Squyres, Pace, Not Convinced of Asteroid Return Strategy

Squyres, Pace, Not Convinced of Asteroid Return Strategy

NASA’s new asteroid retrieval mission has not won over two influential voices in space policy debates.  Cornell University’s Steve Squyres and George Washington University’s Scott Pace told the National Research Council (NRC) on Monday that it is not necessarily the best next step for the U.S. human spaceflight program.

The NRC’s Committee on Human Spaceflight met Monday and Tuesday in Washington, DC.  The committee is tasked with describing the value proposition of the human spaceflight program – what do taxpayers see as its value for the money spent – and providing advice on future planning for that program.  Among the topics discussed was NASA’s new asteroid retrieval strategy to capture an asteroid, redirect it into a retrograde lunar orbit, and send astronauts to retrieve a sample.

Squyres chairs the NASA Advisory Council (NAC) and is perhaps best known as the principal investigator for the twin Mars rovers Spirit and Opportunity.  He also chaired the NRC’s 2011 Decadal Survey for planetary science.   In addition to talking about NAC’s view of NASA’s human exploration program, he shared his personal views on topics NAC had not yet considered, including the new asteroid retrieval strategy.

His personal recommendation is that NASA not attempt to sell the asteroid retrieval mission either on the basis of exploring asteroids or that it is a more effective way to satisfy President Obama’s goal of using an asteroid mission as a step towards Mars.  Quoting the President’s April 15, 2010 speech at Kennedy Space Center, Squyres reminded the committee that the President’s goal was to build “new spacecraft designed for long journeys … beyond the Moon into deep space,” which is not what the new strategy entails.  He agrees that understanding asteroids is an important scientific goal, but not one that requires humans on-site.   Humans and robots work effectively together in exploring complex environments like Mars where Earth-bound scientists cannot anticipate the many surprises that lie ahead. Comparatively straightforward environments like that of an asteroid can be effectively explored with robotic spacecraft alone, he believes.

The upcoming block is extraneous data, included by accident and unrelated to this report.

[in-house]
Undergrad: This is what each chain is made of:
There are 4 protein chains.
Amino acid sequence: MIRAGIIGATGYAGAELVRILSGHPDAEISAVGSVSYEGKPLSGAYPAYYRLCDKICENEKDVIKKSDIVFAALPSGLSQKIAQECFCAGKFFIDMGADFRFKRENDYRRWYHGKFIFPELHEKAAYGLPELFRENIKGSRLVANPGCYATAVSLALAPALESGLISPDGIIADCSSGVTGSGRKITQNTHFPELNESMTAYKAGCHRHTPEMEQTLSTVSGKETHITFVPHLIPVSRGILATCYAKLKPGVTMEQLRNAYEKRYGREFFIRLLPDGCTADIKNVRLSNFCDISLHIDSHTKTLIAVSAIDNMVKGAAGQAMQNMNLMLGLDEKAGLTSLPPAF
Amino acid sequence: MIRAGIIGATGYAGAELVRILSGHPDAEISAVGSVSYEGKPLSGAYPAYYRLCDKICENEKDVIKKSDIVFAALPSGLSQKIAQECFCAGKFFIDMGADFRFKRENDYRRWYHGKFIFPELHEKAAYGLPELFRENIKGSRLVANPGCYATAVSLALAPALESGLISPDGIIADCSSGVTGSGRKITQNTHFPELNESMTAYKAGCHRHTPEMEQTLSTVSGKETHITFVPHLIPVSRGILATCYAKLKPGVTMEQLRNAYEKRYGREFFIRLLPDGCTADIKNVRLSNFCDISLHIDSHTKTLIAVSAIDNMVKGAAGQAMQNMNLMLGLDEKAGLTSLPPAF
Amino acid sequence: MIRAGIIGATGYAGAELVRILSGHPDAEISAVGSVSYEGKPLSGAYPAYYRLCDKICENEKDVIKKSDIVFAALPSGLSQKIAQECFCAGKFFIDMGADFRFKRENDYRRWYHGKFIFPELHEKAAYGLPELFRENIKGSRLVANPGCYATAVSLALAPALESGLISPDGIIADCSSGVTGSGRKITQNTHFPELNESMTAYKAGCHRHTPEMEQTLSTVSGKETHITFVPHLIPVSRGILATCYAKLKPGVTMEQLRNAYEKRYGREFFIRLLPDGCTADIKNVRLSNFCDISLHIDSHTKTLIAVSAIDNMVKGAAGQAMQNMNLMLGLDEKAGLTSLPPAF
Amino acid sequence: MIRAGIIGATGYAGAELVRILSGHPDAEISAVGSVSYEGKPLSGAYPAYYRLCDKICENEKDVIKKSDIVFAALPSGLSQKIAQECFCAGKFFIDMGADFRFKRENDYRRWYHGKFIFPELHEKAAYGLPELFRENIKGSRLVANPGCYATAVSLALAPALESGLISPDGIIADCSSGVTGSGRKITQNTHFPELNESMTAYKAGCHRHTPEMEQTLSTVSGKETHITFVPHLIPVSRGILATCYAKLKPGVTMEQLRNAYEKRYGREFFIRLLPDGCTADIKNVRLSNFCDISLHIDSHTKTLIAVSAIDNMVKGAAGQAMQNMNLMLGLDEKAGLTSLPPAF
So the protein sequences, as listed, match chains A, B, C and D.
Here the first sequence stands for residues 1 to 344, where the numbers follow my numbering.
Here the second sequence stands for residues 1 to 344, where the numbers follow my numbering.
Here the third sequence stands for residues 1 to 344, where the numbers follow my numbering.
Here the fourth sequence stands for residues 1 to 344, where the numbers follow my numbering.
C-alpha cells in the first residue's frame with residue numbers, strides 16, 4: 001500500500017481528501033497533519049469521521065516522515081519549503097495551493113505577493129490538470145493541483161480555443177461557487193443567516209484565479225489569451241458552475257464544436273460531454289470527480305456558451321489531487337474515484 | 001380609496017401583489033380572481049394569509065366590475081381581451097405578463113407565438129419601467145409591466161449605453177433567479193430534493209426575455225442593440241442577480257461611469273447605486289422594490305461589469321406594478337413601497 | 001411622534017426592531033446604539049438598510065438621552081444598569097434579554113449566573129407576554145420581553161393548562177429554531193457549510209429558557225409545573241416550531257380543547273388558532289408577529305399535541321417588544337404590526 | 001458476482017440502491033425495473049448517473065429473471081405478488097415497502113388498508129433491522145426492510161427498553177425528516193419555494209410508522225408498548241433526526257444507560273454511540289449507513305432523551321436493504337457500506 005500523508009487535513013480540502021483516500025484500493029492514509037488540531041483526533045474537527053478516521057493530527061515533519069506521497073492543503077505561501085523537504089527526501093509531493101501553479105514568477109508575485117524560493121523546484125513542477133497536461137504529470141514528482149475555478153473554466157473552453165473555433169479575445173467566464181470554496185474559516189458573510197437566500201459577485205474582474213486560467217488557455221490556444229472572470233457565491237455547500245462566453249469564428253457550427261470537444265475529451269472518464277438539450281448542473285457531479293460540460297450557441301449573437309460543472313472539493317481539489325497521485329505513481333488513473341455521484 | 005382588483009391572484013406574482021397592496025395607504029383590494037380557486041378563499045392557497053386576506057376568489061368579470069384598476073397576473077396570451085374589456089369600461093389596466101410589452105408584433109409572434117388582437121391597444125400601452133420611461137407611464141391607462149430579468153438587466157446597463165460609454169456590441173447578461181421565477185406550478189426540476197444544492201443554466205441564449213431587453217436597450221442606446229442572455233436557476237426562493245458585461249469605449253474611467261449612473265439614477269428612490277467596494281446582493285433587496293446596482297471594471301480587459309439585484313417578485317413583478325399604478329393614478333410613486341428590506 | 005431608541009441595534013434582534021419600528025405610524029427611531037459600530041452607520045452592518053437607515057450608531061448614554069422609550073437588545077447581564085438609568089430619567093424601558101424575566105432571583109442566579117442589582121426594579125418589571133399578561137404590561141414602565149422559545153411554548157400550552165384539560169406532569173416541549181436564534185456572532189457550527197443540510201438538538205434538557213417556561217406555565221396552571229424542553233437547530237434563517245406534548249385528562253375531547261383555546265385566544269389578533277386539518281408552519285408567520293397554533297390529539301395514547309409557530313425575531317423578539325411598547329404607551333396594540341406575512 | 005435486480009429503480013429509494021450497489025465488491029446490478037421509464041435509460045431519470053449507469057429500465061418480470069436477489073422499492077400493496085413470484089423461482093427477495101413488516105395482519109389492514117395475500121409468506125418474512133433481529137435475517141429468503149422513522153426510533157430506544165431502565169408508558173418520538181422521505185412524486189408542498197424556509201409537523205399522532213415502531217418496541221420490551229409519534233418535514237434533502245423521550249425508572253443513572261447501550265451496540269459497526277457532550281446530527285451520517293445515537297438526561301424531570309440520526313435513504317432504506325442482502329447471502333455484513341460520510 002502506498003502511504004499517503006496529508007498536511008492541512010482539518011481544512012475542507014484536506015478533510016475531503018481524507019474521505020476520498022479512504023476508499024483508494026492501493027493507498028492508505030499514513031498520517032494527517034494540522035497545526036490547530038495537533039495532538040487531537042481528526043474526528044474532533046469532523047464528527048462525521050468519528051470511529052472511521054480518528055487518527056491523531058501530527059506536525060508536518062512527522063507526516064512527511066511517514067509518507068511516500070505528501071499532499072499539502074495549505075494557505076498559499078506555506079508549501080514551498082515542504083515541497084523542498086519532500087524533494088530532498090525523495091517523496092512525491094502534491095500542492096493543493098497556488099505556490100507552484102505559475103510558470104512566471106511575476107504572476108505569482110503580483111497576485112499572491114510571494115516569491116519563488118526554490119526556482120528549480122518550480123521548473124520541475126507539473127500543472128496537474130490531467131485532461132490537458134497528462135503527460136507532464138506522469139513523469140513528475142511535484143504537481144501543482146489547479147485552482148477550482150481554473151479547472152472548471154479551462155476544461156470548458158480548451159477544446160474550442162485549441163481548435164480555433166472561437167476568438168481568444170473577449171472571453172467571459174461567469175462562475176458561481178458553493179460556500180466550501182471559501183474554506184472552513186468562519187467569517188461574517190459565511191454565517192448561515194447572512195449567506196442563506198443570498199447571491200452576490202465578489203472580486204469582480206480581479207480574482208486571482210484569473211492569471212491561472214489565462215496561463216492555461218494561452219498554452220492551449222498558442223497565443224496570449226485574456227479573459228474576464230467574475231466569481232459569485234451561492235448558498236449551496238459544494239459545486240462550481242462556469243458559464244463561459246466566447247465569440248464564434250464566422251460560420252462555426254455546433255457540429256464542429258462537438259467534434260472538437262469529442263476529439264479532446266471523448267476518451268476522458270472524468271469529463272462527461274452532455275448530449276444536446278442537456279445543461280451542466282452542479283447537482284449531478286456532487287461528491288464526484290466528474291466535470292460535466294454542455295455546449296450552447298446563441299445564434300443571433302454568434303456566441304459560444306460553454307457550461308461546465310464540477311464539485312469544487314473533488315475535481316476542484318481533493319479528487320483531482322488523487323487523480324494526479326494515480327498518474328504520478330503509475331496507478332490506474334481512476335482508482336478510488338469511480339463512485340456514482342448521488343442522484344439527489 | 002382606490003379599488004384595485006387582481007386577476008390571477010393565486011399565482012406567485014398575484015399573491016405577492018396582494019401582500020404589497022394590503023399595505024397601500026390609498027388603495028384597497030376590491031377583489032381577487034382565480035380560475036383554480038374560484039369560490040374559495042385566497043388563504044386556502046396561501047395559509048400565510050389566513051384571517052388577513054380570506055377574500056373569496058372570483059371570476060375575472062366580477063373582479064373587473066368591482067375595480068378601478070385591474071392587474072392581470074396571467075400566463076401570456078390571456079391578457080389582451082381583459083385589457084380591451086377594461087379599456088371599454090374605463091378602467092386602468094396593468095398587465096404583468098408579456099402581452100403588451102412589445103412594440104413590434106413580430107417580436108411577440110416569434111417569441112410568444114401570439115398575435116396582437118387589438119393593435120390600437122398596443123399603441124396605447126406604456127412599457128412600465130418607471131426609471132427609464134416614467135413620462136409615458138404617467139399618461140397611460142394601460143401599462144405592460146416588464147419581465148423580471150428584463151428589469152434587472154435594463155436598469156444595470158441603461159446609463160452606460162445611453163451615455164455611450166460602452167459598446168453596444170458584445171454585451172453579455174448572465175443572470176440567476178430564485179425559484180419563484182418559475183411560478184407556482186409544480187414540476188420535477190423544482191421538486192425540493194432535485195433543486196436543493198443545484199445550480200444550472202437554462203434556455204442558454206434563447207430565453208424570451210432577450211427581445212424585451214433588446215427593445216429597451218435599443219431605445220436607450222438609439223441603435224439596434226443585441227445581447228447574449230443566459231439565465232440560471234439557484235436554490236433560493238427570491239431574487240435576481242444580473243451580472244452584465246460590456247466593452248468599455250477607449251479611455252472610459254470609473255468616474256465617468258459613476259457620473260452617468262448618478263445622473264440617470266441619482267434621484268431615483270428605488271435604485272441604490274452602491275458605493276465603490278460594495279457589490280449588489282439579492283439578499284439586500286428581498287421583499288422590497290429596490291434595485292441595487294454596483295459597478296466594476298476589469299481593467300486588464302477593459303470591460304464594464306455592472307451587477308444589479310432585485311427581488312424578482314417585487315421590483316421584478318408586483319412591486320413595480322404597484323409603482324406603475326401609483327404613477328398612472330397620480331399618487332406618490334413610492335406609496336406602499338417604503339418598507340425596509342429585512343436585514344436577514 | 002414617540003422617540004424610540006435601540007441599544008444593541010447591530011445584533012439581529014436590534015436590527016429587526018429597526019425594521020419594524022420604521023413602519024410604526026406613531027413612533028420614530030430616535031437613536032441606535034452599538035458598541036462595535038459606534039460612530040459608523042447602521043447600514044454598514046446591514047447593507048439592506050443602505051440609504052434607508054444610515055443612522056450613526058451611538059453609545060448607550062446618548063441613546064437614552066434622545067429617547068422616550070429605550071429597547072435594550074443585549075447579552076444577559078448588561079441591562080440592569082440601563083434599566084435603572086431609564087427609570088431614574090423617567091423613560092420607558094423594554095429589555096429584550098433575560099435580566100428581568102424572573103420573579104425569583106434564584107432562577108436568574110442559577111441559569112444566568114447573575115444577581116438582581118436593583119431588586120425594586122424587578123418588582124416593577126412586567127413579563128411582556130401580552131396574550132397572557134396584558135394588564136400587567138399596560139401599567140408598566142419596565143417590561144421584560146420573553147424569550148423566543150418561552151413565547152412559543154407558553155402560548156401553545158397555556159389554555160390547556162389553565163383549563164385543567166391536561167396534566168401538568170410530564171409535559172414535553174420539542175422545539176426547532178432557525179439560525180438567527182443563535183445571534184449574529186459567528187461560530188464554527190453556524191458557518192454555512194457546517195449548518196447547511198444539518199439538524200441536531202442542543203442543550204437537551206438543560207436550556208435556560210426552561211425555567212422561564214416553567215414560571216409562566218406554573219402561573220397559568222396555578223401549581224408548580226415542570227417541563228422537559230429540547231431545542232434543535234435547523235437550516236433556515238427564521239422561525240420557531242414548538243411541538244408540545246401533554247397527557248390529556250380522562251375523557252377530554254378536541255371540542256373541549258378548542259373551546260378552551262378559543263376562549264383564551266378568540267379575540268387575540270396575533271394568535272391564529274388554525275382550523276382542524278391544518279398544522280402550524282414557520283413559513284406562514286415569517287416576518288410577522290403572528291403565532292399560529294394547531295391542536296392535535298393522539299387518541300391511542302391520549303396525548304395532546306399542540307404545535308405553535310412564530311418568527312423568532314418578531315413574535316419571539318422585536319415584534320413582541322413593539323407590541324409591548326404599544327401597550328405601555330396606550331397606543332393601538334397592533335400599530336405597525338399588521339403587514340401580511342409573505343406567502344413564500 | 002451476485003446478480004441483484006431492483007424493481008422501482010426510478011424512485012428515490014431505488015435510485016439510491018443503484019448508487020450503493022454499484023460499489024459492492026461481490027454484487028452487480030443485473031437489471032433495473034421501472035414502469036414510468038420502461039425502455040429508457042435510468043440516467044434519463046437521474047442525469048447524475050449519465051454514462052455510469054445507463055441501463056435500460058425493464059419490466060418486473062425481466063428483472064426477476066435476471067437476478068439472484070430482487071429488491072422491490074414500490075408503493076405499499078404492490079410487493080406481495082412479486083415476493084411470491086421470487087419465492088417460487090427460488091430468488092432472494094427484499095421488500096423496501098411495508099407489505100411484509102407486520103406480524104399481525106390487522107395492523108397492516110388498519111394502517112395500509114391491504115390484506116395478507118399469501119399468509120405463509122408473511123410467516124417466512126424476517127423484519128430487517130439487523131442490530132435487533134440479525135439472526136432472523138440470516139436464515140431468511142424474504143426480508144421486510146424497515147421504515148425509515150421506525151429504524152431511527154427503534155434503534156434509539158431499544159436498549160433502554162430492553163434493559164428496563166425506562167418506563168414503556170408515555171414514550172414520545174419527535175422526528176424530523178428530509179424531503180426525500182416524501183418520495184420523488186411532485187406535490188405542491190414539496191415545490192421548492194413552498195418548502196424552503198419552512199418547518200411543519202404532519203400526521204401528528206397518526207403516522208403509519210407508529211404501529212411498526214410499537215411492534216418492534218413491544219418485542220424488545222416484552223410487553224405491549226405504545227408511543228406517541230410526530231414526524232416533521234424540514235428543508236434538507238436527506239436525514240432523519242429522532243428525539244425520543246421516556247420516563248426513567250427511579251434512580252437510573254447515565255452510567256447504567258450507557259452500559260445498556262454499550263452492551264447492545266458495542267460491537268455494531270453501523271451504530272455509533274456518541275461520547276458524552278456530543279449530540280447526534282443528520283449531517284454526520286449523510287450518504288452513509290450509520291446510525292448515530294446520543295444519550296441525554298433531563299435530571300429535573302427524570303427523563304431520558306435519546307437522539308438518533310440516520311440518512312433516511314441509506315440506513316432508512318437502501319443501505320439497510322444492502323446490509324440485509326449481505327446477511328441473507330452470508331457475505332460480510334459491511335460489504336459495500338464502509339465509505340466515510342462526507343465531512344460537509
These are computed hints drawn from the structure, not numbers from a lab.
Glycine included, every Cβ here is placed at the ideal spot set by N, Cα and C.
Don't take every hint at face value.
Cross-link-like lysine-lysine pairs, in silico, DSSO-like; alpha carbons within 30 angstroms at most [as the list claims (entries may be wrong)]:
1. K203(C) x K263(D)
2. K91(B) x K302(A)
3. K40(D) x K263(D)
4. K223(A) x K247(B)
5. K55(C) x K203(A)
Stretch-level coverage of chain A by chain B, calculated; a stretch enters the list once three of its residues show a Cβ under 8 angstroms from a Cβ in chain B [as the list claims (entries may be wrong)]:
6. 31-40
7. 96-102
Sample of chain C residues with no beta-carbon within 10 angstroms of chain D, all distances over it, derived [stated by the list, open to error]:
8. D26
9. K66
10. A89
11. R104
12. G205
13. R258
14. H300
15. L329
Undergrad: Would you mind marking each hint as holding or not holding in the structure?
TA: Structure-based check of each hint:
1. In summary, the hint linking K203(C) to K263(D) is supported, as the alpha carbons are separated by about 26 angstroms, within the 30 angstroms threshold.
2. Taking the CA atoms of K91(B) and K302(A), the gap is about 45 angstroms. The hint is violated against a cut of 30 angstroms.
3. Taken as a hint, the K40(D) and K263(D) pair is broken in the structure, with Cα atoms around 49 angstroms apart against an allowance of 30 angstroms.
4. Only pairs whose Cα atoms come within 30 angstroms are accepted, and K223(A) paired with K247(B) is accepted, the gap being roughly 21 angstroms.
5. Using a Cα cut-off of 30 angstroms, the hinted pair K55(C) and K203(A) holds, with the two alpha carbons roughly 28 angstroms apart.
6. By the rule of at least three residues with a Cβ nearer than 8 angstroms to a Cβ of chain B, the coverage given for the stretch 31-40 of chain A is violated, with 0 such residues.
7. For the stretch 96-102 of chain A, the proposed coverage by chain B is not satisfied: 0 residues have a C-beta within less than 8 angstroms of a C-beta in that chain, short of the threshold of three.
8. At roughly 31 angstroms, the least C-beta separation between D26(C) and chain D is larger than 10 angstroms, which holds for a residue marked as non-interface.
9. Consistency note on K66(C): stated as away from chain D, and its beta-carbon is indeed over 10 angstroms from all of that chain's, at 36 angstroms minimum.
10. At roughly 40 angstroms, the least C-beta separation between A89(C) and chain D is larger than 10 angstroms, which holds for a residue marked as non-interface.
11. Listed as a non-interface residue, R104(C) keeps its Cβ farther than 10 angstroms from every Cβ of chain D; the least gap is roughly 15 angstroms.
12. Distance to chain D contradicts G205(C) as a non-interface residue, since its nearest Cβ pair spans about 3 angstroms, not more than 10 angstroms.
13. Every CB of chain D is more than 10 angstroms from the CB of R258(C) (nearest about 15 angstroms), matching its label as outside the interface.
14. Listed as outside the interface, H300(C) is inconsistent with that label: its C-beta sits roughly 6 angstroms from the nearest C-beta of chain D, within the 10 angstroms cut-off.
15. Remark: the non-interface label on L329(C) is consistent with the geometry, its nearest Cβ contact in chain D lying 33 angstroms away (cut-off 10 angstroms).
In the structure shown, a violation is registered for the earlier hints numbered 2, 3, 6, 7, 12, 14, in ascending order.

Squyres does, however, support the idea of sending astronauts into cis-lunar space for longer periods of time than during the Apollo era, such as the 22-day mission envisioned for the asteroid retrieval mission.   In his view, that is worth doing whether or not an asteroid has been redirected there.  His major concern personally, which he said also has been expressed by NAC, is that “NASA needs a compelling and clearly articulated goal for future human spaceflight that is consistent with its budget.”

Pace strongly supported a robust U.S. human spaceflight program, but not the asteroid mission as a step towards Mars.   He said he is “hard pressed to run into anybody who thinks that going to an asteroid is the right way primarily to go to Mars.”  He believes that the Obama Administration made a decision “not to do anything the prior Administration was doing” in space, and that is how the asteroid idea emerged despite broad bipartisan and international support for returning to the Moon as laid out in President George W. Bush’s Vision for Space Exploration.  Pace was a high ranking NASA official in the Bush Administration.

Asked what would happen if the United States abandoned human spaceflight entirely, Pace said it would diminish U.S. influence on the global stage in discussions about space issues such as orbital debris and sustainability.  “We will have made ourselves irrelevant to a lot of discussions,” adding that he sees some of that reduced influence already with the U.S. decision to withdraw from cooperation with Europe in the robotic ExoMars missions.   “Countries are not upset at us. They simply think we’re irrelevant….I can’t think of [anything] that is … more dangerous or serious for a great power than to be considered irrelevant.”

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